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So based on my understanding of the Unix/Linux shutdown process (which is highly limited I admit), I think at some point these steps happen: 1. mounted drives get unmounted 2. a termination signal gets sent to running applications, which allows those applications to do clean-up before exiting

Now, which happens first? Or does #1 not happen at all? Or is the order not guaranteed?

The reason I ask this question is that I am working on an application which is writing data to a central configuration file on shutdown, where the central configuration file can be placed anywhere. My concern is that if the central configuration file is on a mounted drive, and #1 happens before #2, then the stored path I have for the central configuration file may no longer be valid. Does this concern make sense?

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    If it unmounted before sending the signal, the processes wouldn't be able to clean up.
    – Barmar
    Nov 9, 2014 at 22:12
  • They wouldn't even be able to run, since the program code comes from mounted disks.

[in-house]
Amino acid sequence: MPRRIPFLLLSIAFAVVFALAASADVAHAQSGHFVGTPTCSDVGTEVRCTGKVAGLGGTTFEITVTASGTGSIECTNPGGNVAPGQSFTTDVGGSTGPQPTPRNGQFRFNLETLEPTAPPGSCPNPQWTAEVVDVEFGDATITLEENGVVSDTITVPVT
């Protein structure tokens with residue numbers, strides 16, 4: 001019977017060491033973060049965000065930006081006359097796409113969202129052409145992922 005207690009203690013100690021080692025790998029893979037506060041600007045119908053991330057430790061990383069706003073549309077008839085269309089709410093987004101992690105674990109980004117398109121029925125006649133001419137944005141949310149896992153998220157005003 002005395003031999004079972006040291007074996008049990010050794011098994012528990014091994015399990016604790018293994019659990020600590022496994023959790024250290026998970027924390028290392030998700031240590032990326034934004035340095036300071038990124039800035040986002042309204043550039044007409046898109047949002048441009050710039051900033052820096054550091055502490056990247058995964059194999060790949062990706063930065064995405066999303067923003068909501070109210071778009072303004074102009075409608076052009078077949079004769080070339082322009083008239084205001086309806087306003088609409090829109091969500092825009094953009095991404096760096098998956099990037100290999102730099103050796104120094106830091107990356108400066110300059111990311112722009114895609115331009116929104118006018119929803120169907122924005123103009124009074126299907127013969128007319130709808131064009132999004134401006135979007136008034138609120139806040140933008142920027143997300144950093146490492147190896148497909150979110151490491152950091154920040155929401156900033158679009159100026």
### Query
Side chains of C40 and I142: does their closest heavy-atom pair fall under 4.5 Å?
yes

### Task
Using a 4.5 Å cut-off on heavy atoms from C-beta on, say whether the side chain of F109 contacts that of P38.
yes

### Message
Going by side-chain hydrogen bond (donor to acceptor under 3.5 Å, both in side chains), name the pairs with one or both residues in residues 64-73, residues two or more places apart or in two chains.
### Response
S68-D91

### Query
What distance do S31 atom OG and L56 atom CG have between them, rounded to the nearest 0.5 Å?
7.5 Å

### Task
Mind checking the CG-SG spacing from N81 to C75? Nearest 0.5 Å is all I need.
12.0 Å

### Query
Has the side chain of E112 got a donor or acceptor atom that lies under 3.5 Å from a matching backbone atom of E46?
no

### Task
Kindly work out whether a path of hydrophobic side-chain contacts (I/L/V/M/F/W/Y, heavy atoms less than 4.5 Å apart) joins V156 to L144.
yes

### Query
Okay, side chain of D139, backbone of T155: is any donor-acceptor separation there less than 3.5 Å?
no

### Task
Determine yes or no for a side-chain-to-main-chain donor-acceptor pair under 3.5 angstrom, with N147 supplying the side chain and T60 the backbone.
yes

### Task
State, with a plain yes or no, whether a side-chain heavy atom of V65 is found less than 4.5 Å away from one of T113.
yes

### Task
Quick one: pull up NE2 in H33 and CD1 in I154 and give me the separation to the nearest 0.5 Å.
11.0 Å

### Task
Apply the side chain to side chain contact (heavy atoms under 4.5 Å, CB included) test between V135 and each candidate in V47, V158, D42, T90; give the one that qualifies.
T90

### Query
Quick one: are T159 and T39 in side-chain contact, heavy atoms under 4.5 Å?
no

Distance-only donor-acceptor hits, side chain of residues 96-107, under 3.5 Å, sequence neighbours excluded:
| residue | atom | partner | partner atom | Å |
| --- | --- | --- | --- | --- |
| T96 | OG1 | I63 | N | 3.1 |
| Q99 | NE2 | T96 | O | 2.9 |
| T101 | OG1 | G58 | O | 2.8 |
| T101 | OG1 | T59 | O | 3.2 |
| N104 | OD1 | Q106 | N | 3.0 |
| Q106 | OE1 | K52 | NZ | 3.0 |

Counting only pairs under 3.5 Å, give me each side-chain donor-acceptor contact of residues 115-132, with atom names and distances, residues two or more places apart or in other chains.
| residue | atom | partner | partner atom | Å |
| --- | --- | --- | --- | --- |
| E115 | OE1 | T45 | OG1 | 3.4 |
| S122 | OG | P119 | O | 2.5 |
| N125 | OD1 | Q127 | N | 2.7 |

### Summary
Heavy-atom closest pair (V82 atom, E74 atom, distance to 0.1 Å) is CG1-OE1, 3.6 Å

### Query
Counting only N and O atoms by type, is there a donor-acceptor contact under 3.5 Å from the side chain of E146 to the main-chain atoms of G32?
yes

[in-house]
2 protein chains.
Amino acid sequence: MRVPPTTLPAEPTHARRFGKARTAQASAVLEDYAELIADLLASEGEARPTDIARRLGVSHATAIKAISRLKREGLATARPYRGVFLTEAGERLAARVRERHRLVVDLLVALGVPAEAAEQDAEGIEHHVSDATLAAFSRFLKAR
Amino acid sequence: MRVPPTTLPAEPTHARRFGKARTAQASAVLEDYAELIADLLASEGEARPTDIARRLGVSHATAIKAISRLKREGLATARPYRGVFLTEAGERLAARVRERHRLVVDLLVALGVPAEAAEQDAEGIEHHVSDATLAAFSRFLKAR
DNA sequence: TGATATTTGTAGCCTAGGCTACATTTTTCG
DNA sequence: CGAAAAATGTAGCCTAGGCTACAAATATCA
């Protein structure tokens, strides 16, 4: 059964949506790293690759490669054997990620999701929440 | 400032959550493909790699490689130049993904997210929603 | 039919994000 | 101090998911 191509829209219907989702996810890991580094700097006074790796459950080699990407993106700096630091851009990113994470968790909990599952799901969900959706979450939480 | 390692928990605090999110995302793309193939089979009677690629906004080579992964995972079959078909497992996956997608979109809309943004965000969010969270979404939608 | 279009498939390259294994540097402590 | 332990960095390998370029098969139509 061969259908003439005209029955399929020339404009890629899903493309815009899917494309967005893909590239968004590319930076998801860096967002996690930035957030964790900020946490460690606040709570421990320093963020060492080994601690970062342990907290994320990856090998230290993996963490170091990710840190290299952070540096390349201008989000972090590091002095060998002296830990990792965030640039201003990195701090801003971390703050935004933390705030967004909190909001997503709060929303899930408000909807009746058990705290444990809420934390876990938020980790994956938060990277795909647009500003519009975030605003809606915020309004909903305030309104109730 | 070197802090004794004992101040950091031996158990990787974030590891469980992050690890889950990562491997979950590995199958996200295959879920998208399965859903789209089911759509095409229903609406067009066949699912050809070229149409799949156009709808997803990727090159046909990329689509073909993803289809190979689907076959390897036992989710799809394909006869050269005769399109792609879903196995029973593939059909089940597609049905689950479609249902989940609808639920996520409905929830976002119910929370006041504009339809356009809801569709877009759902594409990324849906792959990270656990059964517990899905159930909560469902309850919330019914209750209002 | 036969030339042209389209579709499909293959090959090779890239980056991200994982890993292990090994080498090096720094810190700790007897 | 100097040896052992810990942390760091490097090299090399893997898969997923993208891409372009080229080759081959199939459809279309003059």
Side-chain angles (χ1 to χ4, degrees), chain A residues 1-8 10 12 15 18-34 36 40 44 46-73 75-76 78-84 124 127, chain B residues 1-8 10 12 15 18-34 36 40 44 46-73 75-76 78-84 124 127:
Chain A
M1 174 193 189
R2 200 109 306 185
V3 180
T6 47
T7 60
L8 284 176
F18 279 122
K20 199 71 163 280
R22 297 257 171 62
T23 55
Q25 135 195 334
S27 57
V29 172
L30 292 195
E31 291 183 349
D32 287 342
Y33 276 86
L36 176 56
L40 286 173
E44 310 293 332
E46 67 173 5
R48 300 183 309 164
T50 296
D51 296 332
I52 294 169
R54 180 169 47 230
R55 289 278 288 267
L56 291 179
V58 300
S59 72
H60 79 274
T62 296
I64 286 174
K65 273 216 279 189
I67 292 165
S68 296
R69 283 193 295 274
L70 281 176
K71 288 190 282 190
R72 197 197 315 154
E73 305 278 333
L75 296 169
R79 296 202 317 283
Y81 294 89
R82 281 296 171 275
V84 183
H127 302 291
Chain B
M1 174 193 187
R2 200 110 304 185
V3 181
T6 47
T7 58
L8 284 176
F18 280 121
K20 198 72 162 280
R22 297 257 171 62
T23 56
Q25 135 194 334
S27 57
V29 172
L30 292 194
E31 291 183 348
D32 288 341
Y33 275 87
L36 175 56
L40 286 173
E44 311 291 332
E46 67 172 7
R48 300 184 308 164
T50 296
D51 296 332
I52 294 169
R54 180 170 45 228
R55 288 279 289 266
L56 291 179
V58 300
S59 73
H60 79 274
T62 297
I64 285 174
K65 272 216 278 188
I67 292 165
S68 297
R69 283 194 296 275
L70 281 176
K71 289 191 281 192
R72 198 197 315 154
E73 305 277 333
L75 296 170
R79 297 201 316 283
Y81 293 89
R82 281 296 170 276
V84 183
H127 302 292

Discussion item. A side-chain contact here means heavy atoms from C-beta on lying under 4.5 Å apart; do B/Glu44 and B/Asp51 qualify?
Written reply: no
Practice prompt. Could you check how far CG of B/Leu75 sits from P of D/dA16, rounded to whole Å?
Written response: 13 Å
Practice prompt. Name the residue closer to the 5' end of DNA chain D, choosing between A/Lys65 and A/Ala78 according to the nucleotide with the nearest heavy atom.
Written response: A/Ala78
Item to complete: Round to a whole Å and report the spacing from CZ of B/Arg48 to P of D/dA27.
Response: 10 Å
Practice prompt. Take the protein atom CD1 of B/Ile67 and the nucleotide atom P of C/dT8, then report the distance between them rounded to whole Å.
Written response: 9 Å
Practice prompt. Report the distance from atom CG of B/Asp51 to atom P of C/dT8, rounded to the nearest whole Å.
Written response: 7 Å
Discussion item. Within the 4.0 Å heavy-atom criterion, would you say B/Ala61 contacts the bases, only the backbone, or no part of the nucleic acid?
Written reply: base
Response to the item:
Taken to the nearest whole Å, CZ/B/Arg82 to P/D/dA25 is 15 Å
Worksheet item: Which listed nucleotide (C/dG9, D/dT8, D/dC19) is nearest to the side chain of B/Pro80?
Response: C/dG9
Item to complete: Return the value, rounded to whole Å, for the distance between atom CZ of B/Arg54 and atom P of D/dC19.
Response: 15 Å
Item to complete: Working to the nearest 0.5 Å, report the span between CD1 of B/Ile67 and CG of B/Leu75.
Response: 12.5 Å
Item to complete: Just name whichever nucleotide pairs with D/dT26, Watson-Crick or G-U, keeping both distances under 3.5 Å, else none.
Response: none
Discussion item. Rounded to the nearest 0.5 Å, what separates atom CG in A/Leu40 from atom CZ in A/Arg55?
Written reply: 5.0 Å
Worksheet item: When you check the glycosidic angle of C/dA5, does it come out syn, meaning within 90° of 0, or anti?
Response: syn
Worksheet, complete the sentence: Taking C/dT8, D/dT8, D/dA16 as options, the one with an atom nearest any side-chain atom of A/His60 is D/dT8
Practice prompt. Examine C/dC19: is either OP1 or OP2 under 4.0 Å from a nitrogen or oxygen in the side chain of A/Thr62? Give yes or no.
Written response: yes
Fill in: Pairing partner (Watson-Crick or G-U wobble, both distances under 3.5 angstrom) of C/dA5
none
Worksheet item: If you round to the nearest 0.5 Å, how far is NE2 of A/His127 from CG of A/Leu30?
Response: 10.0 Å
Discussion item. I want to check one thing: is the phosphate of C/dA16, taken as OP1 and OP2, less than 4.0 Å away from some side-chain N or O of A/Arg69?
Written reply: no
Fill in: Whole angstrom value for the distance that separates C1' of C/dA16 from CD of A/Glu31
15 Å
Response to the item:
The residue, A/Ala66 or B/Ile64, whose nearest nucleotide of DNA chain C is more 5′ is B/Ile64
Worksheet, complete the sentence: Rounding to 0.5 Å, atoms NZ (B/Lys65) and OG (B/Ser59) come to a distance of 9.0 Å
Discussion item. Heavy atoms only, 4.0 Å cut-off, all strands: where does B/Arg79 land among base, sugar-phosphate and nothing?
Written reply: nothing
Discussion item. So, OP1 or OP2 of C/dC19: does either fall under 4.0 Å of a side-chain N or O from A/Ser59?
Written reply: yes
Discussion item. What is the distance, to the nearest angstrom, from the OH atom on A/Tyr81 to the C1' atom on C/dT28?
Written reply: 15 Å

– Barmar
    Nov 9, 2014 at 22:13

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This is dependent on the init system and on how it's configured. But any sane configuration allows system software to register a hook to run on shutdown. With a traditional System V init, that's a file in /etc/rc0.d. With a traditional BSD init, that's code in /etc/rc.shutdown. With Upstart, that's a runlevel change event to 0 or 6. The list goes on, which is why maintaining packages for all the distributions out there can be a lot of work (most authors would provide a shutdown script for their application, and let a distribution maintainer make a package that registers the shutdown script in the right place).

Once all the application-specific scripts have executed, the final phases of the shutdown take place. Typically, this involves unmounting all filesystems except the ones where there are still open files, then killing all remaining processes, and finally unmounting the remaining filesystems (except the root which is remounted read-only) and halting or rebooting the computer. It's common to send all processes a TERM signal, which is catchable, then a few seconds later send a KILL signal. While a process can try to react, there is limited time and the system won't wait.

So if your application is installed as root, you simply need to register a shutdown-time init script. If your application is installed by unprivileged users, you can't have the guarantee that you'll be able to do anything during the shutdown phase.

Note that you need to gracefully handle a system crash or power failure anyway. Shutdown-time actions should be limited to things that make the next boot more efficient, there shouldn't be anything that absolutely needs to be done.

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